One aspect of understanding the business judgment rule is an appreciation of the duty to supervise the company to make sure that management is doing the right thing. That is not a duty to spy, but rather a duty of reasonable inquiry to ensure that management is maintaining proper supervision of all material aspects of the business.

Commentators have questioned whether Delaware court opinions in this area really create a distinct supervisory duty, given the propensity of the courts to determine that boards did in fact meet the standard. But well-advised directors should devote some attention to that issue. Someday, some bad luck befalling a company will come back to haunt directors who will be determined to have breached the duty of care by not inquiring if management was itself inquiring about the relevant risk.

Sometimes identified by reference to Delaware corporate law cases as the Caremark duty or the Van Gorkom rule, this body of directorial obligations requires directors to make some effort at assuring themselves that management is monitoring operations so as to avoid obvious dangers.

Ground Rules For Minutes

Minutes of mature companies should demonstrate that time, care and attention were paid to all matters—and more paid to the most important matters.

That involves documenting process. Proper process, involving due consideration of a matter, will protect directors under the business judgment rule and, incidentally, lead to better directorship as well.

Here is how the NACD Guide suggests that minutes be drafted:

  • Tell the story. What is the story? It reflects the issue addressed, the robustness of the discussion and the substance of the conclusion. It does not involve a recitation of the contents of the debate. The story includes reference to who reported facts, to what documents were provided before and during the meeting, to board engagement in discussion, and to management answering questions and responding to comments posed by the directors. The content of those discussions and answers should not be set forth, as that content may just create cannon fodder for lawyers who later claim that the directors did not fully address concerns in reaching a decision that turned out badly.
  • Demonstrate debate. You can recite in minutes that you debated a long time, but that is not enough. And be careful about being hoist by your own petard. A meeting that begins at 10 a.m. and ends at 11 a.m. and recites that four crucial decisions were "debated at length" reeks of fabrication. Lay out the factors that were considered and discussed; identify the factors, not the substance of that discussion.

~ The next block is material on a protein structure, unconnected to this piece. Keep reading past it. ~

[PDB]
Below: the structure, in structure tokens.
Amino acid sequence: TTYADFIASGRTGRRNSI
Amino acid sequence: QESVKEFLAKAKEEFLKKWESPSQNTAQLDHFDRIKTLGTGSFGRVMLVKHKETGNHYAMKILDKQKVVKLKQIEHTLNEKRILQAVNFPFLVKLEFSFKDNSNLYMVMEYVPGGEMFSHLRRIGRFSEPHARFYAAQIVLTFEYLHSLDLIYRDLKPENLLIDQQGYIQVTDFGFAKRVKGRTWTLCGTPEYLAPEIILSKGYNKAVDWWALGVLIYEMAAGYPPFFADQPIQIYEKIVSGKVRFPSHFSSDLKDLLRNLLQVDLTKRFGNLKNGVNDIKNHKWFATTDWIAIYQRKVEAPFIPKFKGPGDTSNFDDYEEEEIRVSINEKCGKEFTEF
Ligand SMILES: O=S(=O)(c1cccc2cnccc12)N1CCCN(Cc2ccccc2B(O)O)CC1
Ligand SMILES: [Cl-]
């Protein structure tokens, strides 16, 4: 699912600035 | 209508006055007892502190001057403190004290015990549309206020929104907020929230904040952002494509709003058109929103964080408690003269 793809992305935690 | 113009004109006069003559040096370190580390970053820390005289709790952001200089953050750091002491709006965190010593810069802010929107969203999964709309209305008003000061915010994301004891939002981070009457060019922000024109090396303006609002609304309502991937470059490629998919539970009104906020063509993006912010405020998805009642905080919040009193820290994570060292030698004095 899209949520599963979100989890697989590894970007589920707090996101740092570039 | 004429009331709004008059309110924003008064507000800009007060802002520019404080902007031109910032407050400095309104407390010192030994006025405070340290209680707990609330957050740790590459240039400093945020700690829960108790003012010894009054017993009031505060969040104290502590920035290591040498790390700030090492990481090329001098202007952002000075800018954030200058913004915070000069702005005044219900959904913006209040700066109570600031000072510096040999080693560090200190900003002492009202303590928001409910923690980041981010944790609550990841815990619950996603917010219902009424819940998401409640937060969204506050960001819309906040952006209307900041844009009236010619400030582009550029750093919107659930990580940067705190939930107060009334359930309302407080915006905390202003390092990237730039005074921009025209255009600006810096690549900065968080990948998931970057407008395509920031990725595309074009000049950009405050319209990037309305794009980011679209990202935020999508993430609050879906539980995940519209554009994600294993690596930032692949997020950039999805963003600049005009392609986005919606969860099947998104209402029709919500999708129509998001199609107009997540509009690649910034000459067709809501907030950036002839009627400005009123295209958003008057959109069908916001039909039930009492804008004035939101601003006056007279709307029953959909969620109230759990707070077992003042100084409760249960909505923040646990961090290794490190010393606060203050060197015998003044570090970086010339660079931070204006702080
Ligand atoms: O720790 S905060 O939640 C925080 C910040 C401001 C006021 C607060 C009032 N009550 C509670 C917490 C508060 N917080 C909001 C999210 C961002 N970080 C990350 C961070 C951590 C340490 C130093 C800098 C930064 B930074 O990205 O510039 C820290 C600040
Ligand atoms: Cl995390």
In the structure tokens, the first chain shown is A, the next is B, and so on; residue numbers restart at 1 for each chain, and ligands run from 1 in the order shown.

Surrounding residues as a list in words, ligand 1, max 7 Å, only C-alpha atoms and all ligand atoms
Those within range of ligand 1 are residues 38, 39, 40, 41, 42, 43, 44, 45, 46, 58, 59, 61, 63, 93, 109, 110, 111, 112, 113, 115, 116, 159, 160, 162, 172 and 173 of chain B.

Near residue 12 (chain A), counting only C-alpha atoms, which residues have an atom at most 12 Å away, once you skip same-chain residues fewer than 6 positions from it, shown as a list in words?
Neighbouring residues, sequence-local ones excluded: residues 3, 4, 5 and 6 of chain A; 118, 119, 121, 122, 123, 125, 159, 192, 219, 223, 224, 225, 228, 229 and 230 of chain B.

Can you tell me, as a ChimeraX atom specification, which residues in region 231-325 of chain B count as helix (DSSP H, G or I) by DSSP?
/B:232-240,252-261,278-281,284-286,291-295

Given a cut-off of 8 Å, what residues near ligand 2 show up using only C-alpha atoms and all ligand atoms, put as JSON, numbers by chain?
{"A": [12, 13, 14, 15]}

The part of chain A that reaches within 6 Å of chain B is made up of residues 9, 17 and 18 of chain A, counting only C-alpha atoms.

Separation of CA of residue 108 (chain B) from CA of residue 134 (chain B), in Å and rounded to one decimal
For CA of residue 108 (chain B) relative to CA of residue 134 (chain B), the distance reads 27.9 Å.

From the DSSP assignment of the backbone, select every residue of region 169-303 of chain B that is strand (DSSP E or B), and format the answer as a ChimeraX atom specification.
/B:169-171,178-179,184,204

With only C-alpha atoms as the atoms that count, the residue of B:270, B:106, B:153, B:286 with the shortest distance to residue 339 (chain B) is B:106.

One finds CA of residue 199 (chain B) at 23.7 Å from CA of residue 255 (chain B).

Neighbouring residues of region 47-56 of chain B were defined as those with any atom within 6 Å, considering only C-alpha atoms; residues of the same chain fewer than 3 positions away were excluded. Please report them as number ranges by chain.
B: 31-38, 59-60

• Don't use names. The point is that the board as a whole discussed and debated. If you document that a particular director expounded in favor of a failed policy, you may set that director up for scrutiny and possible liability. Name directors only if they are rendering reports, or when they insist on being recorded as opposed or abstaining (or if they have a personal interest and should be recorded as not participating in the vote). The NACD guide suggests all negative voters be named, with which I disagree. I prefer to record that a vote was passed simply by saying, "seven in favor and one against with one abstention."
  • Demonstrate certain considerations. One suggestion in the guide, often not followed but very valuable, involves stating that certain specific aspects were discussed: risks recognized, alternative approaches and strategy to pursue if the adopted approach is tried and fails. The guide also suggests that each major decision be recorded as being in the best interests of the company. I have always been embarrassed by such a self-serving platitude. An affirmative vote after due discussion implicitly contains the conclusion that a given decision is of corporate benefit. I suggest that language asserting corporate benefit should be included only as required by statute or where issues of ultra vires may be involved—for example, with a vote authorizing a guarantee of the debt of another company. (Editor's Note: ultra vires describes acts attempted by a corporation that are beyond the scope of powers granted by law or corporate charter.)